The story of Charlie, the ten-month baby affected by a genetic disease, is heart-rending and conscience-stirring. The decision on his life was taken with a judgement issued by the European Court of Human Rights that the parents had turned to in the hope of overturning the ruling of three British Courts authorizing physicians of the Great Ormond Street Hospital in London to discontinue the baby’s life-sustaining treatment. Their expectations were belied by the European Court that confirmed the ruling establishing to end Charlie’s life.
They were told that the ruling was in Charlie’s best interest, to spare him continued pain, suffering and futile therapies, along with forms of therapeutic obstinacy.
Does it truly represent the best interest of the child, notwithstanding the possibility – seized by the parents, thanks to fundraising efforts from world donors that supported them – to bring their child to the United States where a doctor had agreed to carry out an experimental “therapy in a centre of recognized scientific expertise and clinical experience in the treatment” of diseases such as Charlie’s?
While it’s true that the present level of medical research offers slim chances, “it should be acknowledged – said the Director of the Human Genetics Department at Galliera Hospital in Genoa, Italy – that science doesn’t know everything. If a given therapy or a way out are not known, it should be admitted, thereby averting the possibility of being forced to take away the parents’ hope and their authority to act.” And even if the treatment, still at an experimental phase, failed to deliver the expected results, it would still contribute to the progress of research, in view of benefits that other children could enjoy in the future.
How can it be prevented?
How can parents be stripped of their hope to spare the death of their baby through therapies that are still at an experimental stage? Such questions highlight the weak, partial approach of doctors and judges in addressing a human case deserving greater, overarching attention.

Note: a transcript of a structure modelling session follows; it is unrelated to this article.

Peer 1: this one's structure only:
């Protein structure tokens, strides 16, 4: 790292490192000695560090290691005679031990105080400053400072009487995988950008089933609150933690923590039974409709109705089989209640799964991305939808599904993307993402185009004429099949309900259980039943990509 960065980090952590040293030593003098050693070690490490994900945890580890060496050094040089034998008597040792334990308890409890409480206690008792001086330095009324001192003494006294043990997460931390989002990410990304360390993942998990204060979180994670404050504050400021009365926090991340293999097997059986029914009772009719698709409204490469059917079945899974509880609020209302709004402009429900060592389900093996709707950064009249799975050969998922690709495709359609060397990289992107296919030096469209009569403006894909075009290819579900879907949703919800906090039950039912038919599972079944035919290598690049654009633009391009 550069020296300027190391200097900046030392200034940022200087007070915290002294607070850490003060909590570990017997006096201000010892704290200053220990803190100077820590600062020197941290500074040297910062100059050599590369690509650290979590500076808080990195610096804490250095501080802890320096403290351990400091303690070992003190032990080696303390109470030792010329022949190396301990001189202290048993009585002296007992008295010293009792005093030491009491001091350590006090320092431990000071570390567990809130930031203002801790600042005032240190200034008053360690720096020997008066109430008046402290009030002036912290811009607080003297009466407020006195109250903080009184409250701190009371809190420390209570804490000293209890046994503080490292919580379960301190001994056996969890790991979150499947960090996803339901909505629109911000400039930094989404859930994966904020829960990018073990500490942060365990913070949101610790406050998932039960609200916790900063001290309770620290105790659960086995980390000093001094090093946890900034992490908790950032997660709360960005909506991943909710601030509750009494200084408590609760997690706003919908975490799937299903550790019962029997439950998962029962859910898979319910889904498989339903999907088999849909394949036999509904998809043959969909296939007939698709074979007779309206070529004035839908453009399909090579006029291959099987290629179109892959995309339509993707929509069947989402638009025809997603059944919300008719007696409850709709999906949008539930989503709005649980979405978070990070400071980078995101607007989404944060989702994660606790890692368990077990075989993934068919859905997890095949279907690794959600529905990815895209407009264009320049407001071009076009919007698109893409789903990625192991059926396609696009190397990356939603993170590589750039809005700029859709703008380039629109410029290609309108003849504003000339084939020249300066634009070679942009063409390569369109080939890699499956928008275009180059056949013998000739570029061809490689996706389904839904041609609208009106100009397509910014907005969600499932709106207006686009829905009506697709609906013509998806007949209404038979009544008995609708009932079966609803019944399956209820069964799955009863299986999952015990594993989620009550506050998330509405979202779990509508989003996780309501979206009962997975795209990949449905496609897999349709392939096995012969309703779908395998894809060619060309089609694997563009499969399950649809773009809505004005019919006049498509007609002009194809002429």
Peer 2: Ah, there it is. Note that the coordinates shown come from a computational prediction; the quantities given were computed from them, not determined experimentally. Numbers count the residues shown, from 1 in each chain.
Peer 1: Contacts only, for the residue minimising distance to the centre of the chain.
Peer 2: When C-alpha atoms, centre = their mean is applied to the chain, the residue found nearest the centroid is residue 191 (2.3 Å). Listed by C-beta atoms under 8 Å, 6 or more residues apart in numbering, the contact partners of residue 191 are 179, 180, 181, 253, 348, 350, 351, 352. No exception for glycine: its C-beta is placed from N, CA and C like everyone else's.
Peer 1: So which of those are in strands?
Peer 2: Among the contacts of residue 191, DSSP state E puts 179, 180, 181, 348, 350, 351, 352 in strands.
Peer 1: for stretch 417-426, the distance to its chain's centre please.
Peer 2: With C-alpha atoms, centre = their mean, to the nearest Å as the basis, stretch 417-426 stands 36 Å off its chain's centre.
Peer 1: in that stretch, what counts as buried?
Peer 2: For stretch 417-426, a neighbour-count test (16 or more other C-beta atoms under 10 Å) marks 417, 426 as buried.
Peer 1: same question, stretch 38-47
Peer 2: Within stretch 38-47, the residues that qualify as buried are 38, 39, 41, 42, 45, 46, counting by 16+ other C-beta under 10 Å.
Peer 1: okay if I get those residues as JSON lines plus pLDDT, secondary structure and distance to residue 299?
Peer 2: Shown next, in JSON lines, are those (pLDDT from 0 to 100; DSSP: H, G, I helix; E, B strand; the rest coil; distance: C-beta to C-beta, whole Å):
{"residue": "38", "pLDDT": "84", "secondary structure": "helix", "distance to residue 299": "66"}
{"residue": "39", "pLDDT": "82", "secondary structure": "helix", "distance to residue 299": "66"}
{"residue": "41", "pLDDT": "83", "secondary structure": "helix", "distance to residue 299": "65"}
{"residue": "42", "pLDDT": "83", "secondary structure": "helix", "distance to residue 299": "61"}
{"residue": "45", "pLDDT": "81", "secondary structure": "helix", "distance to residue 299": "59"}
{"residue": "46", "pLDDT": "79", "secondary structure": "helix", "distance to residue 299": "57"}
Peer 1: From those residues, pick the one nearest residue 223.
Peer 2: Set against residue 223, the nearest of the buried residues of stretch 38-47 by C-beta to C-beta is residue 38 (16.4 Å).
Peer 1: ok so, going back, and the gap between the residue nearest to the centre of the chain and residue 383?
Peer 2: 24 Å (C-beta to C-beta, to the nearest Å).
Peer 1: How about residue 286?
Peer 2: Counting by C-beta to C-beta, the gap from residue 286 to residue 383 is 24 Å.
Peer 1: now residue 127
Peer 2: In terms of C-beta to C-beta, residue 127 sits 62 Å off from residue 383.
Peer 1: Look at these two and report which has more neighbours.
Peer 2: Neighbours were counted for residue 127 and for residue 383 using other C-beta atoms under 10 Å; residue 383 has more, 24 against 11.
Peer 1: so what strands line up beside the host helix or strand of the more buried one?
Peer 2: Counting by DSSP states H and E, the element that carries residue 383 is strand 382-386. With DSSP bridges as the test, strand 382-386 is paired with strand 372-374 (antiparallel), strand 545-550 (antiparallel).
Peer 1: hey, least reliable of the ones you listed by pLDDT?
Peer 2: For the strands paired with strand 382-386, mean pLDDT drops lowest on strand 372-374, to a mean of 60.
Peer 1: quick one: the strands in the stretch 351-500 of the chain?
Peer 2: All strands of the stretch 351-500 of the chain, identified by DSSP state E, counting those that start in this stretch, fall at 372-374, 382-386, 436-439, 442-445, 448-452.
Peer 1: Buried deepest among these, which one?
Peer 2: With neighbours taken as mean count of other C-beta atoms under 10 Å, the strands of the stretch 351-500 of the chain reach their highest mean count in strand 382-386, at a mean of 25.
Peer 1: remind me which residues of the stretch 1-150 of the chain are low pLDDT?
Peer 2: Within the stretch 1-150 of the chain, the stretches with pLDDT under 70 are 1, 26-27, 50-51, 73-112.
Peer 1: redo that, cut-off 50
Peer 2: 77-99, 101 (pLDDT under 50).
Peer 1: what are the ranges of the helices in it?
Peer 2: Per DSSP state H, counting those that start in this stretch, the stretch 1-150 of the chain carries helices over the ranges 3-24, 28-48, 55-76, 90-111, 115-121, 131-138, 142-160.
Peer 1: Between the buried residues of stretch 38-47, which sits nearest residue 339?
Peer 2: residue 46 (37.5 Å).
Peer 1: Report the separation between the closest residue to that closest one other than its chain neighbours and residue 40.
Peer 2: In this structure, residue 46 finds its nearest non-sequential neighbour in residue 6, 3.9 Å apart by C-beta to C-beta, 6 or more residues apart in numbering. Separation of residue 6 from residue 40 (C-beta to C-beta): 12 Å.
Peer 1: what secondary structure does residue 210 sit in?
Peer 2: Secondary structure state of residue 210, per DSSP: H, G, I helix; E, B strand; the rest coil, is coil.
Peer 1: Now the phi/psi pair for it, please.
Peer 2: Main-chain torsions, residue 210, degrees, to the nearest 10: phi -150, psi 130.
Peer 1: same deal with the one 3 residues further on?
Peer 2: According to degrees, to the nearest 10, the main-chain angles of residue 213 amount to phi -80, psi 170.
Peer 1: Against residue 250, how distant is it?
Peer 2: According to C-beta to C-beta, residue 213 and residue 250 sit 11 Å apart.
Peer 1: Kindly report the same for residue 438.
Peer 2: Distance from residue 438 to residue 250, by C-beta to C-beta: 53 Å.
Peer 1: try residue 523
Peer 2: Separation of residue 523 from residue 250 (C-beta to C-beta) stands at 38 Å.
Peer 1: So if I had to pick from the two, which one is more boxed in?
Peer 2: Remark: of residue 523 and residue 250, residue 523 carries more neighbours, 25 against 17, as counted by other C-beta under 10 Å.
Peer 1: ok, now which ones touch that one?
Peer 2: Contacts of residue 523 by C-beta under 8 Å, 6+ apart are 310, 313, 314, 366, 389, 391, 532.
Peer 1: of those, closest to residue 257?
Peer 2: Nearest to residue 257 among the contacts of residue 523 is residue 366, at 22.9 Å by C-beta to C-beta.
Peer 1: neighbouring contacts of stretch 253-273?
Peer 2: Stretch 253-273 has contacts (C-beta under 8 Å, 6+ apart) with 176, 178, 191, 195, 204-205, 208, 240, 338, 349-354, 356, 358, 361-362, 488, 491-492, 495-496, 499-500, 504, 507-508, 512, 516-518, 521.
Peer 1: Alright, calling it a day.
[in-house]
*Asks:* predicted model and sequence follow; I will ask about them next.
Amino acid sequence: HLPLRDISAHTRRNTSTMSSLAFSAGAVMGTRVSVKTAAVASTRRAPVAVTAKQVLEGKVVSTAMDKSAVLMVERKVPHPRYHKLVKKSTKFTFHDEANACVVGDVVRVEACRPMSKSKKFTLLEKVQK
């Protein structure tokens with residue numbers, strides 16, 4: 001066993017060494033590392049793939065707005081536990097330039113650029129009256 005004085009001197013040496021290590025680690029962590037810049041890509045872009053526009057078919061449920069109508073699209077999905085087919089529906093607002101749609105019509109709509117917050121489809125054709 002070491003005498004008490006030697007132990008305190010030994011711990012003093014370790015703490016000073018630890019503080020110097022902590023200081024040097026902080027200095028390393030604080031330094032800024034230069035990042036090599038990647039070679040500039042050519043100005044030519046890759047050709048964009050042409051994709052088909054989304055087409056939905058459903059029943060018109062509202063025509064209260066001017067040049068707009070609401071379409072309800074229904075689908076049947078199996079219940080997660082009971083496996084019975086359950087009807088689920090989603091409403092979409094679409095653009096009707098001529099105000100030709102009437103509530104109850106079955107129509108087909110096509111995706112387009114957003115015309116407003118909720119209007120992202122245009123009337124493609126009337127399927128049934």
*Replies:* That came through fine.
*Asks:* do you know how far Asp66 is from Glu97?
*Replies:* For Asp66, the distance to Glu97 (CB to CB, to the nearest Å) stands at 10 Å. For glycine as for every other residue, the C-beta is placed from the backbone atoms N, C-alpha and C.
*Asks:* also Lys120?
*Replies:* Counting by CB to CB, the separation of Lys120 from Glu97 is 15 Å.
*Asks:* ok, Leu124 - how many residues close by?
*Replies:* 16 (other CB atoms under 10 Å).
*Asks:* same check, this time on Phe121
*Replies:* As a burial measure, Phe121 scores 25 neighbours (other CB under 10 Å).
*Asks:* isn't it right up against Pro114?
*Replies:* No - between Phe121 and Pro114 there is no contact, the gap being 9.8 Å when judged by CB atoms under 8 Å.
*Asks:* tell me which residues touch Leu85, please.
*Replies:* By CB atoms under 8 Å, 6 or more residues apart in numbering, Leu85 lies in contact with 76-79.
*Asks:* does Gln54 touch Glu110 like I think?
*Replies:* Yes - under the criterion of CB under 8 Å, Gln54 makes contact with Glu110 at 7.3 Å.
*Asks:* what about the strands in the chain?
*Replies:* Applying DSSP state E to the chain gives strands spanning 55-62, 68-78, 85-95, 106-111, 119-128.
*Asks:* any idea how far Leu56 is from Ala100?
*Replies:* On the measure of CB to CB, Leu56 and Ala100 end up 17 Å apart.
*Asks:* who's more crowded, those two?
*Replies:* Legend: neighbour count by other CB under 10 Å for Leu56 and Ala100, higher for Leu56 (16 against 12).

A person who suffers is much more than his disease.
Charlie is much more than his diseases. Chris and Connie, father and mother of baby Charlie, are aware of it, and they defended his value and his rights until the very end. People sympathized with them, also with economic efforts, and shared their feelings. The doctors of the Great Ormond Street Hospital and the judges of the Courts of London and Strasbourg did not.
That “much more” encompasses the human person and his difference.
Biolaw, as well as bioethics, must not discard it. It’s the “much more” pertaining to the human person and his life, which should always come first, and which a thingly, quantifiable understanding of life and its values tends to ignore. That is why the case of baby Charlie, and of Chris and of Connie beside him, does not end with the ruling of the European Court. It’s a case that judges that ruling, with its overflowing wealth of humanity. It calls upon doctors and magistrates to undertake a comprehensive evaluation of clinical cases.
In doubtful cases, open to question, ethical and juridical wisdom support favor vitae: the side of life.
Especially because it is the side taken by Charlie’s parents with their immense affective and physical involvement. Theirs is a binding decision, and doctors and judges should have taken it into account. It is not a question of seeking life at all costs. It is not therapeutic obstinacy. It is a question of protecting a young, weak life, until there is hope in a cure and a love that supports it. Protection and love have great value and a strong educational impact, within the framework of a society and a culture marked by far too many symptoms and signs of death.
(*) Professor of Moral Theology – Pontifical Lateran University